The Roberto da Costa-led New Avengers was a book I went back and forth on. I really enjoyed the Avengers Idea Mechanics but it took a while to really grab me outside of that. By the end of its 18 issue run, I found myself enjoying the team quite a bit. U.S. Avengers is the next step, with Sunspot and a mostly new team moving on to more ambitious heroics.
This inaugural issue gives readers a one-on-one introduction to each member of Da Costa’s new patriotic team. In between introductions, each hero is showcased during a mission to take down team that doubles as a wonderful Cobra rip-off. There’s a lot of G.I. Joe going on here and all of it is fantastic. Roberto is also filming these solo segments for release to the public in order to regain some trust, relaying to the reader the team’s mission statement as some of his teammates share their skepticism.
Everything about U.S. Avengers #1 is fun; the name, the logo, the characters, the art, the story, etc. Unlike New Avengers, which took a while to find its identity and hold my interest, this comic does it right out of the gate. Writer Al Ewing does all the necessary set-up in one issue, without lingering too long or leaving any fat. This book is perfectly paced and everybody gets the perfect amount of face time. I even find myself immediately buying into this new Red Hulk and the re-purposing of the Iron Patriot moniker. Ewing is also utilizing this opportunity to comment on our own harsh political climate, but does so very quickly and without shifting the focus of the book.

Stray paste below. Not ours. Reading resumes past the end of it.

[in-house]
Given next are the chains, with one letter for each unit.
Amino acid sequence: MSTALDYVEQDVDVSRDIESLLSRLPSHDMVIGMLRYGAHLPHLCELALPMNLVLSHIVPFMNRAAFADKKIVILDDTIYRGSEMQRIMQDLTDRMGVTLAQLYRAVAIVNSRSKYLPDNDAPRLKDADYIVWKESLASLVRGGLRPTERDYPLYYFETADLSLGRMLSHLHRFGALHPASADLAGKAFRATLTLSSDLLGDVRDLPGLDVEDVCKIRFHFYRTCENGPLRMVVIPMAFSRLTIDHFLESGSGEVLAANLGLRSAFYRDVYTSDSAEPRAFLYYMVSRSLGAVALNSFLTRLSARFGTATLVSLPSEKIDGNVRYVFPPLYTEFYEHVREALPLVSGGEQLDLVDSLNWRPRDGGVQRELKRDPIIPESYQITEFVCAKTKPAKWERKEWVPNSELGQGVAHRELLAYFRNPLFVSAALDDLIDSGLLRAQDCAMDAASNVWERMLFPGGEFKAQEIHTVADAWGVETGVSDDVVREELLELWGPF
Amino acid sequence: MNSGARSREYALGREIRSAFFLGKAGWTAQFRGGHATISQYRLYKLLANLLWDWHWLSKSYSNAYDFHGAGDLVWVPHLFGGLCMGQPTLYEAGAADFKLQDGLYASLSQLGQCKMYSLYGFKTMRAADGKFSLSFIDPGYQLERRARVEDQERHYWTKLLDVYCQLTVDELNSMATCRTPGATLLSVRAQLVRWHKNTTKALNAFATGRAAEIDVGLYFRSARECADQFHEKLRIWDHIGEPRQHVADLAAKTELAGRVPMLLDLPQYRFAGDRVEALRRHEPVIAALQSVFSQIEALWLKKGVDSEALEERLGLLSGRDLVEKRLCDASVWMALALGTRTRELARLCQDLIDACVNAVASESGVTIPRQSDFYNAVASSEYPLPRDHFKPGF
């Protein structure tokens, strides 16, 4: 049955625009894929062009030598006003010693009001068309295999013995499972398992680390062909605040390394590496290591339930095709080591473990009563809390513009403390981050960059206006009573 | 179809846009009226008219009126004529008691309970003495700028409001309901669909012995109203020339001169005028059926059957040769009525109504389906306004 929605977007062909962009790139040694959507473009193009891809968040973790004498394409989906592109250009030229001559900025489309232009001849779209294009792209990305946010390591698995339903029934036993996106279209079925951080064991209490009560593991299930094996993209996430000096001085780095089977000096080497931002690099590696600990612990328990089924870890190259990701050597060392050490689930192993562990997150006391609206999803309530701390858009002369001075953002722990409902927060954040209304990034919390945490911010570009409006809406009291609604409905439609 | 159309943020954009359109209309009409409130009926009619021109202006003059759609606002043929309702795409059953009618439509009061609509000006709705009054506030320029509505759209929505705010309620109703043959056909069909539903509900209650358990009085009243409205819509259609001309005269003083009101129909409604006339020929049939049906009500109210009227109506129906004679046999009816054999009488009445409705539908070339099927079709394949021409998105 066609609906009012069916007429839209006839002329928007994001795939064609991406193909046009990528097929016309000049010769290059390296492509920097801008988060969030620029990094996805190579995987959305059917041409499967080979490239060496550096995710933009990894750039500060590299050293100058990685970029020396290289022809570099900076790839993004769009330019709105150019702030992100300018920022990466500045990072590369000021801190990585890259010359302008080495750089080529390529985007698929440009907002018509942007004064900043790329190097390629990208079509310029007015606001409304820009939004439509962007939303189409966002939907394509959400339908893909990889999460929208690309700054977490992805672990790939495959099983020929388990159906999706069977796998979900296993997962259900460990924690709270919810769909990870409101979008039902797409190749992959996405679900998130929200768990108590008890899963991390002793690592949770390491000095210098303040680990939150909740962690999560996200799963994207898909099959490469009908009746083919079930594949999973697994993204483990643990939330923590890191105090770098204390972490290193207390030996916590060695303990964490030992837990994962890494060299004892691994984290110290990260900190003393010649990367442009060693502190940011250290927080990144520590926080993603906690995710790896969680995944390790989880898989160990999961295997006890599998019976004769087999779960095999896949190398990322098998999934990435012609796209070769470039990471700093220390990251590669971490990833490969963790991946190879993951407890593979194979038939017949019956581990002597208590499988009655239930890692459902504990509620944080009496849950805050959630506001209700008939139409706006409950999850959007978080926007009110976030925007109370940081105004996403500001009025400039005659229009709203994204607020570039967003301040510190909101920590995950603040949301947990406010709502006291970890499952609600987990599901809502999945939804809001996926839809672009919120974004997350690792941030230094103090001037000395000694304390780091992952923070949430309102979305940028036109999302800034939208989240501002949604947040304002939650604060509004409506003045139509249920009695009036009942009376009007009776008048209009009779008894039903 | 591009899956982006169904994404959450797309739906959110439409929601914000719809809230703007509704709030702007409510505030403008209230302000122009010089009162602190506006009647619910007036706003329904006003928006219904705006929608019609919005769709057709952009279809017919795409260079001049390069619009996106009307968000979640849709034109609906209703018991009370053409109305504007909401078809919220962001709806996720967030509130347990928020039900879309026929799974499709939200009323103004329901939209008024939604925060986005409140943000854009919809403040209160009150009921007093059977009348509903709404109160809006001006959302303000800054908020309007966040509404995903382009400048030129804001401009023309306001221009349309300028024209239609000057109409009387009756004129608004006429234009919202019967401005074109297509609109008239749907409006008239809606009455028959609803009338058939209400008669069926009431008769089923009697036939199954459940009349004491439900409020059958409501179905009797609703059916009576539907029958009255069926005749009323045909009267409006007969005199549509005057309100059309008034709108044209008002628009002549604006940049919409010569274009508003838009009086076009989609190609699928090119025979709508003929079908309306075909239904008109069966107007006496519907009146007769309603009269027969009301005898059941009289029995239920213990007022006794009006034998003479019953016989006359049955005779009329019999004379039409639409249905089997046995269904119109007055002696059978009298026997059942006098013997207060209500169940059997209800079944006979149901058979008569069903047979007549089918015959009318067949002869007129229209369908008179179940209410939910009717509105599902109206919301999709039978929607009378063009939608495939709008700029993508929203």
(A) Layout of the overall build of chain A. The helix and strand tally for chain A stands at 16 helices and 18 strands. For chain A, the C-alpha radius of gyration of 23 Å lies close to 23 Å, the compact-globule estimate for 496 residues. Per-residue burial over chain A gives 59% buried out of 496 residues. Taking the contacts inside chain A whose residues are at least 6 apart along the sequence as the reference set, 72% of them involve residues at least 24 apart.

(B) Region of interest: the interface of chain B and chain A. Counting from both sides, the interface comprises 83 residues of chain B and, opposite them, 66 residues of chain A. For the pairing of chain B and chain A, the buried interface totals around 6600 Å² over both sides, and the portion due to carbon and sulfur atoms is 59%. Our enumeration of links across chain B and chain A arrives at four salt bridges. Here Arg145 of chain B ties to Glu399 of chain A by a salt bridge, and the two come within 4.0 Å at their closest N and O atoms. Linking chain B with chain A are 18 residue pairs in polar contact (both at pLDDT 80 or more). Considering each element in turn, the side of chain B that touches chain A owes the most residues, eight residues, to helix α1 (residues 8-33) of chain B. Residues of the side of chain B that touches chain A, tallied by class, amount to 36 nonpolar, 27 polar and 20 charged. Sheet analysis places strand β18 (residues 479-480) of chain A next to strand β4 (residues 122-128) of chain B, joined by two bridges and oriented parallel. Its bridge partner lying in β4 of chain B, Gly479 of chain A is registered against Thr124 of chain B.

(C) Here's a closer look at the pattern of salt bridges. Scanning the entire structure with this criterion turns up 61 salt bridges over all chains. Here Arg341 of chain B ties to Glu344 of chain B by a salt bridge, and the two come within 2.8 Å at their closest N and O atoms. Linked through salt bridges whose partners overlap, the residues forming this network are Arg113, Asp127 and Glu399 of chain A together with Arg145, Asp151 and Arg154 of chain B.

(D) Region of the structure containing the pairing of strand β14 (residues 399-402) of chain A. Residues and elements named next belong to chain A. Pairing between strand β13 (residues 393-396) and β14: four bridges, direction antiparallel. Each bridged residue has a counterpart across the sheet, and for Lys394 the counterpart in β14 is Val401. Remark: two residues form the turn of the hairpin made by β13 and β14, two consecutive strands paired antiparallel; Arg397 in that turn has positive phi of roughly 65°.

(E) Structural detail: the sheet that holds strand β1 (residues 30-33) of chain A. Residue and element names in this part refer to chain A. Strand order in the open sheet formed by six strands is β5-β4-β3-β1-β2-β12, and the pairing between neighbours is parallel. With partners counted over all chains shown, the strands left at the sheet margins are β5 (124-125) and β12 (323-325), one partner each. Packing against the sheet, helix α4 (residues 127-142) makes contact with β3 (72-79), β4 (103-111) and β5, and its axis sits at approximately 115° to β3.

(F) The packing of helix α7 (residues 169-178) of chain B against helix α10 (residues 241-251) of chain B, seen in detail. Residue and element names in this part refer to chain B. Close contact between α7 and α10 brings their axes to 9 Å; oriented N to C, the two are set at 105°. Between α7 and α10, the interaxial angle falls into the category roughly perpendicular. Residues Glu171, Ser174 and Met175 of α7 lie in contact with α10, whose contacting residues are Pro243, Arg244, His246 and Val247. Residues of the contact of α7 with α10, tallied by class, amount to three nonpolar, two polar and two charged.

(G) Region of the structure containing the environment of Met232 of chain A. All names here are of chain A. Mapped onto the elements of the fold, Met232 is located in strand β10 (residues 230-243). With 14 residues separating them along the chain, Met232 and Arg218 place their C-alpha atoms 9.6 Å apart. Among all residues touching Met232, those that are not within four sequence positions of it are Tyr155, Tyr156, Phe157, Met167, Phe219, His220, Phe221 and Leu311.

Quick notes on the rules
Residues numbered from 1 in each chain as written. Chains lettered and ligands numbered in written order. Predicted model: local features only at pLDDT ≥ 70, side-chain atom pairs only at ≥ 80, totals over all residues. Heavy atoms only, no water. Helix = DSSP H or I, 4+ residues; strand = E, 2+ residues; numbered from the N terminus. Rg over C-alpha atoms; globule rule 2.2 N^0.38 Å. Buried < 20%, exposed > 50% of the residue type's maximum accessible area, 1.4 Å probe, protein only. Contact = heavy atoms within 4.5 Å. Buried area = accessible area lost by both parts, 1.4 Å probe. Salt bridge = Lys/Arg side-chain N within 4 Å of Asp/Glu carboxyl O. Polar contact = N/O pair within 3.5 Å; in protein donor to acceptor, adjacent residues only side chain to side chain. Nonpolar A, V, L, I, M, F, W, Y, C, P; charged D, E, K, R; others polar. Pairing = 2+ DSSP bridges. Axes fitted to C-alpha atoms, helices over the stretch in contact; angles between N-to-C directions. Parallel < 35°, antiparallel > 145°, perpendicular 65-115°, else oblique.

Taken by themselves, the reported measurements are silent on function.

U.S. Avengers is just as fun to look at as it is to read, and the art absolutely does justice to the script. Colorful and light, the art team is clearly loving this Avengers-meets-G.I. Joe book. They also have the advantage that this team is so visually varied, which wasn’t the case with its predecessor New Avengers. Da Costa has a little bit of everything on his squad of patriots and Pace Medina does wonders penciling them in a tightly paced comic. I imagine this series is going to have a ton of fun with with all their characters, heroes and villains.
U.S.Avengers is off to a good start. The usual Marvel skeptics should be pleasantly surprised at how much fun they have with this one. DC Rebirth’s success has forced Marvel to step up their game and this book is a perfect example of that. It’s Marvel focusing on what separates them from DC and showcasing their strengths. Al Ewing and company deliver a wonderful introduction. This may just find itself at the top of my Pull List next time.